The last few weeks have been eventful. I passed (“gave birth to”) kidney stones and I lost a friendship.
As for the first experience, all I can say is, “ouch.” Excruciating, searing flank pain, then surgery to remove a big sharp-edged “rock.” Later, a slurry of smaller stones (gravel?) inched their way down. Again, “ouch,” and “ouch,” again. At the hospital as nurse asked me to rate my pain on a scale of 1 – 10. I said 9.5. (It could get worse, I reasoned.) They gave me pain killers, IV fluids, and bed rest. I’m ok.
At the same time, but in no way connected, a close friend told me she felt I hadn’t been supportive over the past few months while her husband went through a health crisis far more serious than mine. I felt terrible. I apologised for letting her down. I promised to do better. I begged her not to give up on our long-standing friendship, but her mind was made up.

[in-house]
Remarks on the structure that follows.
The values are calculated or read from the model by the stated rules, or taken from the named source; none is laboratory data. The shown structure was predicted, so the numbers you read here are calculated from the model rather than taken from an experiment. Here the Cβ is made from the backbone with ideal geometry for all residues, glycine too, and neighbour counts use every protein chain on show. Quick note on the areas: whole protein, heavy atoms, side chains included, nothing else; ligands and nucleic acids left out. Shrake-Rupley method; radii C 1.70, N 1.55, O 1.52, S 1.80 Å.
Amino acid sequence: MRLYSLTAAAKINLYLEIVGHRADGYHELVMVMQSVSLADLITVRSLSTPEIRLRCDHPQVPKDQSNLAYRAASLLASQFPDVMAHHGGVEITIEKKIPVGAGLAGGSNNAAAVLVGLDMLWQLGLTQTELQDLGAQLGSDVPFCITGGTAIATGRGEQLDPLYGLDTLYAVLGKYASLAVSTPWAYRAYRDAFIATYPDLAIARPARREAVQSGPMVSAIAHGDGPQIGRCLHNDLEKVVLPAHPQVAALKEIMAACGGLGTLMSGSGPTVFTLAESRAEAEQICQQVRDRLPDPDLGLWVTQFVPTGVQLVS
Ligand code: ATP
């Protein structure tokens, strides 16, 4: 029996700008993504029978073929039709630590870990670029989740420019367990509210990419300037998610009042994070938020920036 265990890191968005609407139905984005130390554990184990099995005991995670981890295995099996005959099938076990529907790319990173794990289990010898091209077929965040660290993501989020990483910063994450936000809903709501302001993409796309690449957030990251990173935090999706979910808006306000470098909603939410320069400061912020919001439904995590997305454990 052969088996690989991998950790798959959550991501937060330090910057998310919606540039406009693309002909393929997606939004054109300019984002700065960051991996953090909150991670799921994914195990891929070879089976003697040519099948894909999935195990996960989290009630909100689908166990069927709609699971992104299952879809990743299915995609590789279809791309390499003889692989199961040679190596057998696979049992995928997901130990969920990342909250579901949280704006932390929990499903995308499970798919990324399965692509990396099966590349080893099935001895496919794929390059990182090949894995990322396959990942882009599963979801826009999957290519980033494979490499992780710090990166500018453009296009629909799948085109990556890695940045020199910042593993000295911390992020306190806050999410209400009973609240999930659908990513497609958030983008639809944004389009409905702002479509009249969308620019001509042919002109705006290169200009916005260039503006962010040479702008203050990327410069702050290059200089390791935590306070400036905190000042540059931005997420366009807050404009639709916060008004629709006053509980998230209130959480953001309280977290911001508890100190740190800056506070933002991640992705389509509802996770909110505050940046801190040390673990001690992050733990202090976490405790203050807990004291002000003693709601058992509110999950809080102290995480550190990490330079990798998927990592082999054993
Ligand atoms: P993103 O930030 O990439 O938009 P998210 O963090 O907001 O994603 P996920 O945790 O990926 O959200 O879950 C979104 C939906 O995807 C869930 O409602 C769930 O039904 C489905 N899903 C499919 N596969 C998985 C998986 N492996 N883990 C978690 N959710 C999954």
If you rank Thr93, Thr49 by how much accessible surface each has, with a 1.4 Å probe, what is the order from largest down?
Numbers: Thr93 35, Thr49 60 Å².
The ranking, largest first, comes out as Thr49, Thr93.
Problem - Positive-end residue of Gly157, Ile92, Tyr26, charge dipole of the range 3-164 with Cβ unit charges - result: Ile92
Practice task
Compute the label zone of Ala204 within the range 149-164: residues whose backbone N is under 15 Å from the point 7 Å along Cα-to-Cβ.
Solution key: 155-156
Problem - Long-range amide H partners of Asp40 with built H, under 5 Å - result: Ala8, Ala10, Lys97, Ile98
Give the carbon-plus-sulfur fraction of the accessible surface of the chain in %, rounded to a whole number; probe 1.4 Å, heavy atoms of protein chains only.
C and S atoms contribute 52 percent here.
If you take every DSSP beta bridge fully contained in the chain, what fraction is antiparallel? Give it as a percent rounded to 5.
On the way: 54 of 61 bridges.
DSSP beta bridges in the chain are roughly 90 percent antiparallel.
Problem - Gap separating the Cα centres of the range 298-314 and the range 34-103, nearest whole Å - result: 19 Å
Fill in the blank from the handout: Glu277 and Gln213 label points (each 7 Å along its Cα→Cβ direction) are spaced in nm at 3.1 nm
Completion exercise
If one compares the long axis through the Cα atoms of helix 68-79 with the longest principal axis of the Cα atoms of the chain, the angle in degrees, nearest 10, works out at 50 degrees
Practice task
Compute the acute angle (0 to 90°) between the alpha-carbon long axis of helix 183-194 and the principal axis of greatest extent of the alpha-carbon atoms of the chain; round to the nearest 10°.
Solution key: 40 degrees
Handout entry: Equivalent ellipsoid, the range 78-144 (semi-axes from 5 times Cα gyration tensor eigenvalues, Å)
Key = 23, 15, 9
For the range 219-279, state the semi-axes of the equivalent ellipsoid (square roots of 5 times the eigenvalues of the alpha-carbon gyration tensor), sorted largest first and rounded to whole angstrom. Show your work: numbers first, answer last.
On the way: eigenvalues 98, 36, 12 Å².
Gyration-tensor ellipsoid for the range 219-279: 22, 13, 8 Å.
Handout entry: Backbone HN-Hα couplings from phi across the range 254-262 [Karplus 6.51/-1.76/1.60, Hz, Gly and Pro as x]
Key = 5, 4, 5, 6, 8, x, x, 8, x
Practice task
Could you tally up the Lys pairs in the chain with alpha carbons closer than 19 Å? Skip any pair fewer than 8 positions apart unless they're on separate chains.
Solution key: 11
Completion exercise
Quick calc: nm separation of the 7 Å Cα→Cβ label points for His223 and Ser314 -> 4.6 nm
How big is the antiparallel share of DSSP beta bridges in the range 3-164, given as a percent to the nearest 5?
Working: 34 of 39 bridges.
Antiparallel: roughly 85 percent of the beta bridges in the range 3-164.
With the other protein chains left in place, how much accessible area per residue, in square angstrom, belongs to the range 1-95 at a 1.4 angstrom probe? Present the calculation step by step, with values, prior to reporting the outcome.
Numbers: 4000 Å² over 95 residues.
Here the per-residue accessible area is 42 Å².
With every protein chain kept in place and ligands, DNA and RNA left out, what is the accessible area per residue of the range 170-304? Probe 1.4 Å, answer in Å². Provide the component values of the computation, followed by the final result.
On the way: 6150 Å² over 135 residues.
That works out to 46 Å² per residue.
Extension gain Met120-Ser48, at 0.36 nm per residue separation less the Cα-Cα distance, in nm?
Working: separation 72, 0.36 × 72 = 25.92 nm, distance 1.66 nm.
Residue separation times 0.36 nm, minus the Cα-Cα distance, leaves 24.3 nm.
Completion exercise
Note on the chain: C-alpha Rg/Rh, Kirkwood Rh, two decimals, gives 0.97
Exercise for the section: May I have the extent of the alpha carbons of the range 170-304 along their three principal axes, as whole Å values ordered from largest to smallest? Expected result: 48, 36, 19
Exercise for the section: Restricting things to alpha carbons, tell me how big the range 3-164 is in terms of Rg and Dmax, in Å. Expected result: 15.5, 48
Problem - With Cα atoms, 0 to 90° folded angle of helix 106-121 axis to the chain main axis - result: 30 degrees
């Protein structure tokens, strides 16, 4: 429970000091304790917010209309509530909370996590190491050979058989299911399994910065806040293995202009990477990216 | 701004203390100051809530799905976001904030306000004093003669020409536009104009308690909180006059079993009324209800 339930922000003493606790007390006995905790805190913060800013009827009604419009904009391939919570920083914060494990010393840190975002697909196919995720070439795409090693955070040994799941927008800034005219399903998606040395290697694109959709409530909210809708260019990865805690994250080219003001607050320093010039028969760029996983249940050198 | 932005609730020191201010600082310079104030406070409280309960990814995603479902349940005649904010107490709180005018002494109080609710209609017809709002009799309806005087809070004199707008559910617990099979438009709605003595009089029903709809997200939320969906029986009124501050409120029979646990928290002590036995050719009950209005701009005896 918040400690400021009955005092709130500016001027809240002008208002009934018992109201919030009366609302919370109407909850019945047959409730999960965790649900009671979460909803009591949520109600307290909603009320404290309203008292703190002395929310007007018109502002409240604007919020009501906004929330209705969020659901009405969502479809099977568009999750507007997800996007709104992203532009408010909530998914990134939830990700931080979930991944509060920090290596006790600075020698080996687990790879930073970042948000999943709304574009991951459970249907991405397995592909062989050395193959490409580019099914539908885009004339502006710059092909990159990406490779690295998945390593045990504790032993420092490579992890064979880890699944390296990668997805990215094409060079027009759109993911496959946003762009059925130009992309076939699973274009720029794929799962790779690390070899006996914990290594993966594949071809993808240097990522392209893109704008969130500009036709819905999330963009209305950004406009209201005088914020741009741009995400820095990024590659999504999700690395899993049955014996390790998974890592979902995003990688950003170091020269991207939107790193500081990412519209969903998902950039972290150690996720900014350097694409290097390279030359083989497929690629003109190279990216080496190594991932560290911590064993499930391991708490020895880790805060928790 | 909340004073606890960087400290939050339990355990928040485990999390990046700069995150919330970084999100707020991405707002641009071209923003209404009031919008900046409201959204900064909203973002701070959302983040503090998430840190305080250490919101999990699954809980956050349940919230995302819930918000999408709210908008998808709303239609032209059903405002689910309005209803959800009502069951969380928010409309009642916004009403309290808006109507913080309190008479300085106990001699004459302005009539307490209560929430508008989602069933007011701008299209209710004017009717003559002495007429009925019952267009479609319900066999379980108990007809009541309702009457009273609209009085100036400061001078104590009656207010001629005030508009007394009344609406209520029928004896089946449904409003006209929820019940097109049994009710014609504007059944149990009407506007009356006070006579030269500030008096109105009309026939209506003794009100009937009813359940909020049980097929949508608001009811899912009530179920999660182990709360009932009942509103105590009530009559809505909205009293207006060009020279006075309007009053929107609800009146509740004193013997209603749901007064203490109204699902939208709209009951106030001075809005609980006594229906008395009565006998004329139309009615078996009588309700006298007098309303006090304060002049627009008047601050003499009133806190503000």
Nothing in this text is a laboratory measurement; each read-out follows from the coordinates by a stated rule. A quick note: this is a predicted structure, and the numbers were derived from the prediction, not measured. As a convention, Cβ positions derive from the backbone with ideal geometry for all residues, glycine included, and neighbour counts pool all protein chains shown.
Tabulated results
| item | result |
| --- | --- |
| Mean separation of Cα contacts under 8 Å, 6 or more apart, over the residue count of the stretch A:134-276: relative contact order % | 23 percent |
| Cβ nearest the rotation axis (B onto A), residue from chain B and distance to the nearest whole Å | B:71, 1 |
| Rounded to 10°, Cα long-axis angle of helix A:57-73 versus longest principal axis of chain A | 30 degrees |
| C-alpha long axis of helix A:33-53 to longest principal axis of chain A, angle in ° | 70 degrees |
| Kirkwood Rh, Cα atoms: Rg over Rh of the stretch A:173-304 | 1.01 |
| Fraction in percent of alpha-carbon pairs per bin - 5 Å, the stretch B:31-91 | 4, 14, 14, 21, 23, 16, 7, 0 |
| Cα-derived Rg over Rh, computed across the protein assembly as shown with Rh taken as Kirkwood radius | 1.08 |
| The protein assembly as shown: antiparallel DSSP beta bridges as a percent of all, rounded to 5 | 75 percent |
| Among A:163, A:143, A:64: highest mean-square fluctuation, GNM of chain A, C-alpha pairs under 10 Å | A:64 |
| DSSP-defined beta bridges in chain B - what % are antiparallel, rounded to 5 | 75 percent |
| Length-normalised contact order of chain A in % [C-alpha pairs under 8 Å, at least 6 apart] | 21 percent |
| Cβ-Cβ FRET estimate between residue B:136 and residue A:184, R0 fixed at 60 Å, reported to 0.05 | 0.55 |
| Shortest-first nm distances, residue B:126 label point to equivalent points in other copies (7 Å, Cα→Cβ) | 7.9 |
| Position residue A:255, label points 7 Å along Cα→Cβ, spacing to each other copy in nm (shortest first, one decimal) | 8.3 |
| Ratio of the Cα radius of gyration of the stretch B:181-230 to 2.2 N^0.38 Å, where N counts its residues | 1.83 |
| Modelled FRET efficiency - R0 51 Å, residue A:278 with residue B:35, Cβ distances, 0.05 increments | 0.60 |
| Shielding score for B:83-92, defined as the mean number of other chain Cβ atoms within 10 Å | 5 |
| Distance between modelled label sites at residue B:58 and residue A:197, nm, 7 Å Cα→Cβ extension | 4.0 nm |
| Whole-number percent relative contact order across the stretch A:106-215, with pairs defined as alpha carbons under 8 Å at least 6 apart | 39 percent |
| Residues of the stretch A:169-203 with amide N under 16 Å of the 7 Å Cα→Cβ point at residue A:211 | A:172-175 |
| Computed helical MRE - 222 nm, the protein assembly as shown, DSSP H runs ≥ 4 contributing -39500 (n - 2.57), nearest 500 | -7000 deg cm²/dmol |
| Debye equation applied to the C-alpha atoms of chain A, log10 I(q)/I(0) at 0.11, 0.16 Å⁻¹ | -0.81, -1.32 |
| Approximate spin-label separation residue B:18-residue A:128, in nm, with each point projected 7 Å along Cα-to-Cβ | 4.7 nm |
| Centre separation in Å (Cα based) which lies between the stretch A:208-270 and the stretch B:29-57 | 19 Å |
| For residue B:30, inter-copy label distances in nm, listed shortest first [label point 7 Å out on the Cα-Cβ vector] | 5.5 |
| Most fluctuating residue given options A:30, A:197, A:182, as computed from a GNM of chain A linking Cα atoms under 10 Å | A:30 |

Then, the real pain took over. What would be “painful” for most people, for me, was a trigger that caused me to spiral down into a relapse of depression. Sadness, self-loathing, and low self-esteem overcame me. Mental pain that registered 100 out of 10. Seems I can more easily endure the physical pain of tiny, jagged knives coursing through my urinary tract compared to the mental torture. Perhaps it’s not a balanced comparison, but for me psychological pain is far more difficult and disabling than physical pain caused by a mere “geological” plumbing disruption in my body.
Over my 63 years, I’ve had open-heart surgery for a valve replacement, migraines, and a few broken bones – but these are nothing compared to withstanding clinical depression. I’ve come to realise that dealing with mental illness has given me a resilience that helps me deal with physical problems.
Is it like this for you? Do you feel a separation between physical and mental pain. Are there any benefits you have gained from your mental health challenges?